Rooster changed his attitude

Discussion in 'Managing Your Flock' started by jtbrown, Aug 2, 2011.

  1. jtbrown

    jtbrown Chillin' With My Peeps

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    Mar 30, 2011
    Southeastern Ohio
    A few weeks ago, I posted about my production red rooster out of the pullet box at TSC. He got his wattles and comb before anyone else in coop, and he was on my short list for pecking my hands when filling water and food. He squared off with me, and I didn't like the way he looked at me and he was skittish, making me nervous. In fact, I wanted to butcher him, but he was so darn skinny, decided to wait a few more weeks. I handled him more, held him down and gently pecked his little head, he was on a short list. Within days, his attitude changed.

    He is respectful, stands as I fill feed and water, and waits for me to stand before going to it, greets me in the morning as I turn on fans. I can even pet his comb (not for long, he doesn't have time for such silliness). Then, I noted he is gentle with his girls (his 5 hens are the only ones laying yet, have been for 2 weeks, and they are only 16 weeks old now). I gave them grapes, at first I thought he was being snotty, not eating them, picking up and throwing down, til I saw that he was calling his pullets over to feed them. Then noted, he keeps the bantums from "getting" his girls. He regularly now calls them over to food he finds. Then, there was the cat incident, our orange tabby was curious, he put himself between the cat and his flock and then slowly walked up to confront "Gary the cat." The cat backed off and now they are somewhat buddies, Gary hangs out and watches and the rooster watches but doesn't charge or sound alarm. Then there was a our old lady lab mix that got out basement door with my husband standing there. She wasn't set to eat the hens, but certainly wanted to do much more sniffing of their backside than they thought was reasonable. Red the rooster ran, got himself between the hens and our dog and put wings out shaking his wings and making all kinds of calls and generally causing a ruckus until my husband grabbed the dog collar. Then Red turned around as if to say, "I see you are taking care of this (to my husband)." My husband said, I think that rooster trusts us somehow. Is that possible? Is this little guy learning the ropes so quickly, or is there a stink plan somewhere in his little rooster head (I don't really think so).

    I think he had a week of hormones at about 13-14 weeks, he is amazing now, we are in awe. Now, the Light Brahmas are having a little tude this week, they aren't so gentle with the girls, and I think they for sure are going off to Freezer camp, as Red has our respect. Initially didn't want any roosters, but experiences has taught us that it happens, and we love the crowing (far enough from the house, comforting not disturbing). Red's eyes even look different, no longer cowering from us, he really seems to have jumped into his role.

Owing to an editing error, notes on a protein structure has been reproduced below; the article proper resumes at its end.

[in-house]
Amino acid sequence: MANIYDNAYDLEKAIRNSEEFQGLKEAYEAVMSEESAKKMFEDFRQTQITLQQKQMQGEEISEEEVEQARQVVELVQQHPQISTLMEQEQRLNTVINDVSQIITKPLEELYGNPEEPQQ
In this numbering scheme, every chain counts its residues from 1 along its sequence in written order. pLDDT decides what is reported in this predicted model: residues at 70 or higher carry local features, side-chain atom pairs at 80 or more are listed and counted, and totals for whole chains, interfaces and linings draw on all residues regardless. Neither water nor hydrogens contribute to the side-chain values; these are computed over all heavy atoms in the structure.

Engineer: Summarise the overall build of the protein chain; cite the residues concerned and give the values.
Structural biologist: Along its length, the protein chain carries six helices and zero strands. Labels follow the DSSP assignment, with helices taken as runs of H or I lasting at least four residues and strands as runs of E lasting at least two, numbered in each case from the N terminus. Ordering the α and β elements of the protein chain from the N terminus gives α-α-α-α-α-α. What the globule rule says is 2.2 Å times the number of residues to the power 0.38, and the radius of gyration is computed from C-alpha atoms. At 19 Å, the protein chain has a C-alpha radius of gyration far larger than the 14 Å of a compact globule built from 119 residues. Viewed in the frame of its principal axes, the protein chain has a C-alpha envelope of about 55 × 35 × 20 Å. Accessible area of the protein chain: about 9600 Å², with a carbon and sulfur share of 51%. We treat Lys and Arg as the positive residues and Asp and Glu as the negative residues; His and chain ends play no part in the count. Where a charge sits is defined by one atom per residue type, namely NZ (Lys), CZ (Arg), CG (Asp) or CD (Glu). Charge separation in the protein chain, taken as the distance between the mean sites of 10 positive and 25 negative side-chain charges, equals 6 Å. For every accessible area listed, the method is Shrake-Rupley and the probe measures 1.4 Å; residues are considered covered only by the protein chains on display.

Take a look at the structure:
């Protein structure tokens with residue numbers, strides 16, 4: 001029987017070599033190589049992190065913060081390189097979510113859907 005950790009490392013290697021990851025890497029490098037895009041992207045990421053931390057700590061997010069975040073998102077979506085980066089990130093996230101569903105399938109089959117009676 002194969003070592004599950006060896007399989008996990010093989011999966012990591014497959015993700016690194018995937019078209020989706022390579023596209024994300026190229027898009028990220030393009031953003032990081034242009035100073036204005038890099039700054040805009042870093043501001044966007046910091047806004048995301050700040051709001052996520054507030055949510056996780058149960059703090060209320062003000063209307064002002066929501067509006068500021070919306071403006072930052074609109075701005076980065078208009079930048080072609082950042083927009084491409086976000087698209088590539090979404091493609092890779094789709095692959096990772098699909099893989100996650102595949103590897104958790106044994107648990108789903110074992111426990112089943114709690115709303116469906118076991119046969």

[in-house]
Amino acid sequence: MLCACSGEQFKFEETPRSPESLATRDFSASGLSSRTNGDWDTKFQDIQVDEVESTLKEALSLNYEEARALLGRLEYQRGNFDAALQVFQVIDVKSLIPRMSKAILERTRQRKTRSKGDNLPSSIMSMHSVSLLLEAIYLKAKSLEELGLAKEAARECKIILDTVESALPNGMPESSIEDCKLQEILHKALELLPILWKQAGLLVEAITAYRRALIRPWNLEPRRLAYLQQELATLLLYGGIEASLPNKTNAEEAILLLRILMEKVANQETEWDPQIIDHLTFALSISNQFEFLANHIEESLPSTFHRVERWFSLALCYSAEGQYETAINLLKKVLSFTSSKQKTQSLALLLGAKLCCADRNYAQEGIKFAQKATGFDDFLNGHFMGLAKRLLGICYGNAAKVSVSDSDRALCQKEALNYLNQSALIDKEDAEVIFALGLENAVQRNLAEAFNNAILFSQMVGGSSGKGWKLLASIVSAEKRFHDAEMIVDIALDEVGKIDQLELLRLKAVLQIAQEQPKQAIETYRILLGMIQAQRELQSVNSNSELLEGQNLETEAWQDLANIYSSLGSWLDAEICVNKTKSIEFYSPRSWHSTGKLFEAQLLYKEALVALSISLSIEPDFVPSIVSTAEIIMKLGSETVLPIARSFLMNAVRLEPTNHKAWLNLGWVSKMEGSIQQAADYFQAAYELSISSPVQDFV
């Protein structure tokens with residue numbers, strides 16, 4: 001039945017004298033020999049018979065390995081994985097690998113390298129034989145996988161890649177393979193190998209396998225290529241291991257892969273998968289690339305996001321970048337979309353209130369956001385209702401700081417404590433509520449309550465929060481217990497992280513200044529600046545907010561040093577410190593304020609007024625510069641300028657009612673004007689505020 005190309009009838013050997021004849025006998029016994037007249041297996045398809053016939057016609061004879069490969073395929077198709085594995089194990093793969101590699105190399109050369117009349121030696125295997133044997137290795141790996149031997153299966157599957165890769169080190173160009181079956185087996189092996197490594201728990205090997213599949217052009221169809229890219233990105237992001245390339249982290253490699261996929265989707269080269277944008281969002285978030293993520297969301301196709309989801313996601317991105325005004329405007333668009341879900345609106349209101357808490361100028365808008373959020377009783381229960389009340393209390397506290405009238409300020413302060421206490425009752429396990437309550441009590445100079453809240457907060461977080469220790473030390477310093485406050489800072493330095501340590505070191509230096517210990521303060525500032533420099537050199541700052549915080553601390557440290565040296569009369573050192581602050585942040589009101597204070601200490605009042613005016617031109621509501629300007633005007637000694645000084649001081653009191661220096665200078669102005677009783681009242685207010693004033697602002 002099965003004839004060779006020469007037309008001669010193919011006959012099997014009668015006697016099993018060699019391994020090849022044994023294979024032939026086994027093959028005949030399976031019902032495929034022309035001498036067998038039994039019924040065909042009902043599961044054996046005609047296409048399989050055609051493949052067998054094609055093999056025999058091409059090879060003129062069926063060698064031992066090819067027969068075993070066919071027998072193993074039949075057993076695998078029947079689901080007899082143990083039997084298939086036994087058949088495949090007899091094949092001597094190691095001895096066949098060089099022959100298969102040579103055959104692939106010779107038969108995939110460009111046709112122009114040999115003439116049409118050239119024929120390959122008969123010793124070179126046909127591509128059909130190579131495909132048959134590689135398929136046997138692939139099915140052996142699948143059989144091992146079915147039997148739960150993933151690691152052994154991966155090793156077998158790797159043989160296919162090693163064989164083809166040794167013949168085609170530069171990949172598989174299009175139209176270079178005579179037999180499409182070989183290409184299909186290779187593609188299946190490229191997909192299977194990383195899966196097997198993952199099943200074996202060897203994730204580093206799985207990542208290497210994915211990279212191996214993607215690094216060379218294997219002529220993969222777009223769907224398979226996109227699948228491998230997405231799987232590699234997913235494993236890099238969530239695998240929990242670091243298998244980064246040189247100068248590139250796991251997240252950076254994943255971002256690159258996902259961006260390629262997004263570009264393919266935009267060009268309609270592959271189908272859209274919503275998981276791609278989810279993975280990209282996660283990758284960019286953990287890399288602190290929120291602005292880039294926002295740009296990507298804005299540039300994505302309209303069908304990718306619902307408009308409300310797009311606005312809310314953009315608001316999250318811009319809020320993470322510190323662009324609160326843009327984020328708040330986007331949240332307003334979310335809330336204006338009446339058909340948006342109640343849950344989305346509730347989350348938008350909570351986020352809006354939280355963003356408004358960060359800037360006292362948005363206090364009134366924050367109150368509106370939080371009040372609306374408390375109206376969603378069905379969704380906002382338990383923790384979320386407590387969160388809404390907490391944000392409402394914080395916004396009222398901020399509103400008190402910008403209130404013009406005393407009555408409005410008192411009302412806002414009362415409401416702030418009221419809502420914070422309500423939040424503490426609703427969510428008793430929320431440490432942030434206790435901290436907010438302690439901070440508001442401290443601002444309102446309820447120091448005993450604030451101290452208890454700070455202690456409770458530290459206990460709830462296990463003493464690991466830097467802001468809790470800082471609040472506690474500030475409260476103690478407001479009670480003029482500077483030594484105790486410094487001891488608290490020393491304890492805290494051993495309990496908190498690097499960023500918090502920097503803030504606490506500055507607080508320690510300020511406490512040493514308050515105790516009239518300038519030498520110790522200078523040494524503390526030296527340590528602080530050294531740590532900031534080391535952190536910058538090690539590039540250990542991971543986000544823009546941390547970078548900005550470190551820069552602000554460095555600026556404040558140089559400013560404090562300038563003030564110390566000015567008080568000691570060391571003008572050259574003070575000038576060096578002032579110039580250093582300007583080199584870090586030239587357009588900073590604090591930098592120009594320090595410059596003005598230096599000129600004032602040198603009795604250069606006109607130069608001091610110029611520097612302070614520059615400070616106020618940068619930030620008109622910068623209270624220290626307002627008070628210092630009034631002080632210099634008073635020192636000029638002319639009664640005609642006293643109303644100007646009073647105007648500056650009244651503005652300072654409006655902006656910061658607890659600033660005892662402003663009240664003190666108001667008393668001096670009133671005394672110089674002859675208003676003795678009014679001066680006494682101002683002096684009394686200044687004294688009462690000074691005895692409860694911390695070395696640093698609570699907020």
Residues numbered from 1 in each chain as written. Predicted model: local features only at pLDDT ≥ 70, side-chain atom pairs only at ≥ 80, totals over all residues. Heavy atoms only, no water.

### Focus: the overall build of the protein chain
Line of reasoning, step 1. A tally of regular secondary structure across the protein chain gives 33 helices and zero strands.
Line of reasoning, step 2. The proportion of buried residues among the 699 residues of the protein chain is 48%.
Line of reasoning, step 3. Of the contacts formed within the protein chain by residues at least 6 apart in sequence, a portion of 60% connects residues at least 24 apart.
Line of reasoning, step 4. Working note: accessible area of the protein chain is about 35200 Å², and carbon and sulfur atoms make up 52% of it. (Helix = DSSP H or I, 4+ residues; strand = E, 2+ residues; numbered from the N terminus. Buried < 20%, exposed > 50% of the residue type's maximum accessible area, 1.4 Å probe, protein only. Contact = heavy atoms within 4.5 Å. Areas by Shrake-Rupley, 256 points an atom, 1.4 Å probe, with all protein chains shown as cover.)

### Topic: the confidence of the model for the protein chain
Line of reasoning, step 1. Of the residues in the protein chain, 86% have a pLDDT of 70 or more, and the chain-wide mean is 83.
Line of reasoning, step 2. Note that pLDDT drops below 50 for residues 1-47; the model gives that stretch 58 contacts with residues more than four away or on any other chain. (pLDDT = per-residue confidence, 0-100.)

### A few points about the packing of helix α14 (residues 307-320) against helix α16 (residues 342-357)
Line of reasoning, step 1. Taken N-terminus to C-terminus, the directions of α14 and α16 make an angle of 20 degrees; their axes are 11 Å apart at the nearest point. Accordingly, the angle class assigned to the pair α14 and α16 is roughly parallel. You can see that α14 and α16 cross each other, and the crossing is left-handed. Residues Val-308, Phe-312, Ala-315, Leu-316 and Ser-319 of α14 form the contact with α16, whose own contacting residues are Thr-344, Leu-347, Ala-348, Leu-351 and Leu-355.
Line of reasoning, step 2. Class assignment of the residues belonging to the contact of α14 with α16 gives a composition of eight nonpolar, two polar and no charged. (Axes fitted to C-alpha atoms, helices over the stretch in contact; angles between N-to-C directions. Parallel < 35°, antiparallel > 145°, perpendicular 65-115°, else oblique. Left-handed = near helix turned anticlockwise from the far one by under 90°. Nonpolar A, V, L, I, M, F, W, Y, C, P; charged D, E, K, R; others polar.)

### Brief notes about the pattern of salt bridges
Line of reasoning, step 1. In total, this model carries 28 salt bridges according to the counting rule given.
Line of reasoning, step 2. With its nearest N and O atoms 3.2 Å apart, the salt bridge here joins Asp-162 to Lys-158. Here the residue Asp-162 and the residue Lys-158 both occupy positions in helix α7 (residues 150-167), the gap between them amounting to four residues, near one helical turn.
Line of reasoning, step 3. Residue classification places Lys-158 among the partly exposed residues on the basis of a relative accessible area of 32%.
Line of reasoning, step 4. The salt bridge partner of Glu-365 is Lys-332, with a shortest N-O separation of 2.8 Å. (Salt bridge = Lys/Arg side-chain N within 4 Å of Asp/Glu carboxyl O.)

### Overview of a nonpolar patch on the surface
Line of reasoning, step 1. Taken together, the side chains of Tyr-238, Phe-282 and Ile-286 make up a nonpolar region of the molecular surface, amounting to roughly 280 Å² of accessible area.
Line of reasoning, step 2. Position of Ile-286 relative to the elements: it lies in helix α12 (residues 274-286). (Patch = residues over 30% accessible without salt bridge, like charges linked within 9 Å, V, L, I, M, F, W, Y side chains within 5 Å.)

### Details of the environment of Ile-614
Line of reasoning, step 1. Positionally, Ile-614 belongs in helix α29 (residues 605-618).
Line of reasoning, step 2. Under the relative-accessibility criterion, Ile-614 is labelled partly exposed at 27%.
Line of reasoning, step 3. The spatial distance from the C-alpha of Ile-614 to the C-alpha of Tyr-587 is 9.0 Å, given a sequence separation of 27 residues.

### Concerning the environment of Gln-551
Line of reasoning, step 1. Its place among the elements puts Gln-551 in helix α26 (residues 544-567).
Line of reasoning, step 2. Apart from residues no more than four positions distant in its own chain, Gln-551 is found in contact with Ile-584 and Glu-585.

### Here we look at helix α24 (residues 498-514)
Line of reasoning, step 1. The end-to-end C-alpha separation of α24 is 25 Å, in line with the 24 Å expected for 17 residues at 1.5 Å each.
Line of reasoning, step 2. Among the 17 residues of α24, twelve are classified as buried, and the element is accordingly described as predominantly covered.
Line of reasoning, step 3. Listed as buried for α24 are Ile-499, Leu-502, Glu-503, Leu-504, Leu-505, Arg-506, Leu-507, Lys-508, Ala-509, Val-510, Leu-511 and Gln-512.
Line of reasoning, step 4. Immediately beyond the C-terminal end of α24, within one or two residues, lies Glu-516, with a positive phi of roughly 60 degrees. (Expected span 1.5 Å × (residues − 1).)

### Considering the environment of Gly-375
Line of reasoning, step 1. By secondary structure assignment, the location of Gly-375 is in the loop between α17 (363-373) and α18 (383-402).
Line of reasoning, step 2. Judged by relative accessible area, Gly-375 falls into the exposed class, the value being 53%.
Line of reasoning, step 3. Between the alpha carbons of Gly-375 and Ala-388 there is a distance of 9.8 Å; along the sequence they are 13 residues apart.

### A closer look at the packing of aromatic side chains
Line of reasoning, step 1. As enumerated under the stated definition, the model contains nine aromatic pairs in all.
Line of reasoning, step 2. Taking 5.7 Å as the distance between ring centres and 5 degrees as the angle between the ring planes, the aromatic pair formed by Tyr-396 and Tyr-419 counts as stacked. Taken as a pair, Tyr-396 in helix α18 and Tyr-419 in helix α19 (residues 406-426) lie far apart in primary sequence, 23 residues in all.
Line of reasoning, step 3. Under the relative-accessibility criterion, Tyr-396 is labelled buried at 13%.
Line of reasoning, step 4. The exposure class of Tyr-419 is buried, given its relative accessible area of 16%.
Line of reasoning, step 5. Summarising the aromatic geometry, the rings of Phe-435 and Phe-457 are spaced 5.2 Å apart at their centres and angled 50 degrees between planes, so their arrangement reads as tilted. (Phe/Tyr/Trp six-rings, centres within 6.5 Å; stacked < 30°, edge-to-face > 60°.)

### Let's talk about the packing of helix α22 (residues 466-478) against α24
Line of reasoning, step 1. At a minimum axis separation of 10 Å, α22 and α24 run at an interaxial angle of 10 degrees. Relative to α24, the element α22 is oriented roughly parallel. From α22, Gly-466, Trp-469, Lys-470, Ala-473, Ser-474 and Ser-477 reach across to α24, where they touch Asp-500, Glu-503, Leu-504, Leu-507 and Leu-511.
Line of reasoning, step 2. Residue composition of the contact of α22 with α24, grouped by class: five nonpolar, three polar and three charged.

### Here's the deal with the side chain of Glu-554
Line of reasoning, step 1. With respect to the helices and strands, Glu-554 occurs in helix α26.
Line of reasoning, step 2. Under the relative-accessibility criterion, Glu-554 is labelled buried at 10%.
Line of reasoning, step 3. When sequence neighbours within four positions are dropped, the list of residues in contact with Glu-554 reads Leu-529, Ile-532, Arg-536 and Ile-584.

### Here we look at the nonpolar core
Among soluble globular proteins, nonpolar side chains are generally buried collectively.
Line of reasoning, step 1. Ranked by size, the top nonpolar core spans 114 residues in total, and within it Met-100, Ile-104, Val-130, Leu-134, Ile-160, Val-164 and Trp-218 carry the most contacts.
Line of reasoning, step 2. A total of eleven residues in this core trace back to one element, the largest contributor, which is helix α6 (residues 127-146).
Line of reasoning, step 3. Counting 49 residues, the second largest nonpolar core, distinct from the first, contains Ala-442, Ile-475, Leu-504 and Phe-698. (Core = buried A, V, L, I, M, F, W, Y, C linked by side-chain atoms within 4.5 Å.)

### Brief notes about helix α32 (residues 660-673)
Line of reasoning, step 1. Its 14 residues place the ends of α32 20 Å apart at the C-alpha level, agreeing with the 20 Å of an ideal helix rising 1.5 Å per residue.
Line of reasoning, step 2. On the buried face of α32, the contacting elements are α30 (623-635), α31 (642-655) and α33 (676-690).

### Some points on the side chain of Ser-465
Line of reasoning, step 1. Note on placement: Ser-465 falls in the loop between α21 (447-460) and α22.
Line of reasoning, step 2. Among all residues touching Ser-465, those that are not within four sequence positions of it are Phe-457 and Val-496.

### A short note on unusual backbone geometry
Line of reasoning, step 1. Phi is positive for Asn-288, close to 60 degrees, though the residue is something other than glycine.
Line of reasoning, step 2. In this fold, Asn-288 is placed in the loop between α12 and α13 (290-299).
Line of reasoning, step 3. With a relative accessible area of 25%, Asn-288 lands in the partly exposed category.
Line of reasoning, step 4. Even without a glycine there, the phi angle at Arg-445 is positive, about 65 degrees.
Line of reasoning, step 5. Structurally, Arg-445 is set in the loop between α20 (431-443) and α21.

Now, all that being said, I still know he is an animal and he has a job to do with the girls, and possible his tude could change again, but I really like this silly rooster (cockeral).
     
  2. hennyannie

    hennyannie Chillin' With My Peeps

    Mar 12, 2011
    North Carolina
    Really enjoyed your story. Glad that he is working out so good for you.
    I have a few roos from pullet bins myself this year, I plan to keep one of them in the flock.
    I think they keep things more peaceful in the runs, changes the pecking order and the hens
    dont feud as much. I also enjoy the crowing, mine are at a good distance from the house.
     
  3. speckledhen

    speckledhen Intentional Solitude Premium Member

    I think he had a week of hormones at about 13-14 weeks, he is amazing now, we are in awe.

    This is exactly when it's the last chance for a cockerel, the pivotal age. If he changes and matures and decides that the humans are his partners in caring for his hens rather than his enemies at that pivotal point when the hormones really kick in, then he is one of the more intelligent boys, the perfect non-human-aggressive rooster. If he ramps up aggression, changing from biting to rushing to attacking, then he will probably always be untrustworthy.

    You got yourself a great one there! I have four of them here, two BRs, a Delaware and a big teddy bear of a blue Orpington. The ones that weren't so smart are now gone. A good rooster like that is a joy to have, as you have found.​
     
  4. ChickenAlgebra

    ChickenAlgebra Chillin' With My Peeps

    Mar 14, 2011
    Yup, 13-14 week old roos are just all little evil boys. Argh, I'm ready to throw ALL of them in a stewpot then. Then at 15-16 weeks, bam, the idiot attitude is done and they are roos and good roos. The humans are not going to hurt my hens or me, so I will respect them, and I will protect my ladies and I will be gentle with them. The few favorites may get a saddle, but really, no hen is horribly bald ever.

    If the idiot attitue of 13-14 weeks goes to 16 weeks, nope, your name is Tamales. I don't care if he is even halfway nice, there is anything in that behavior that I don't like, nor do I want to see passed on, he goes in a stewpot.

    Same goes for hens, one gets snippy and mean, she gets put in the slow cooker.

    I have sweet, nice birds and to me, I'd rather have birds who aren't close to SOP but are just plain NICE than birds that are perfect SOP who are snippy or mean.
     

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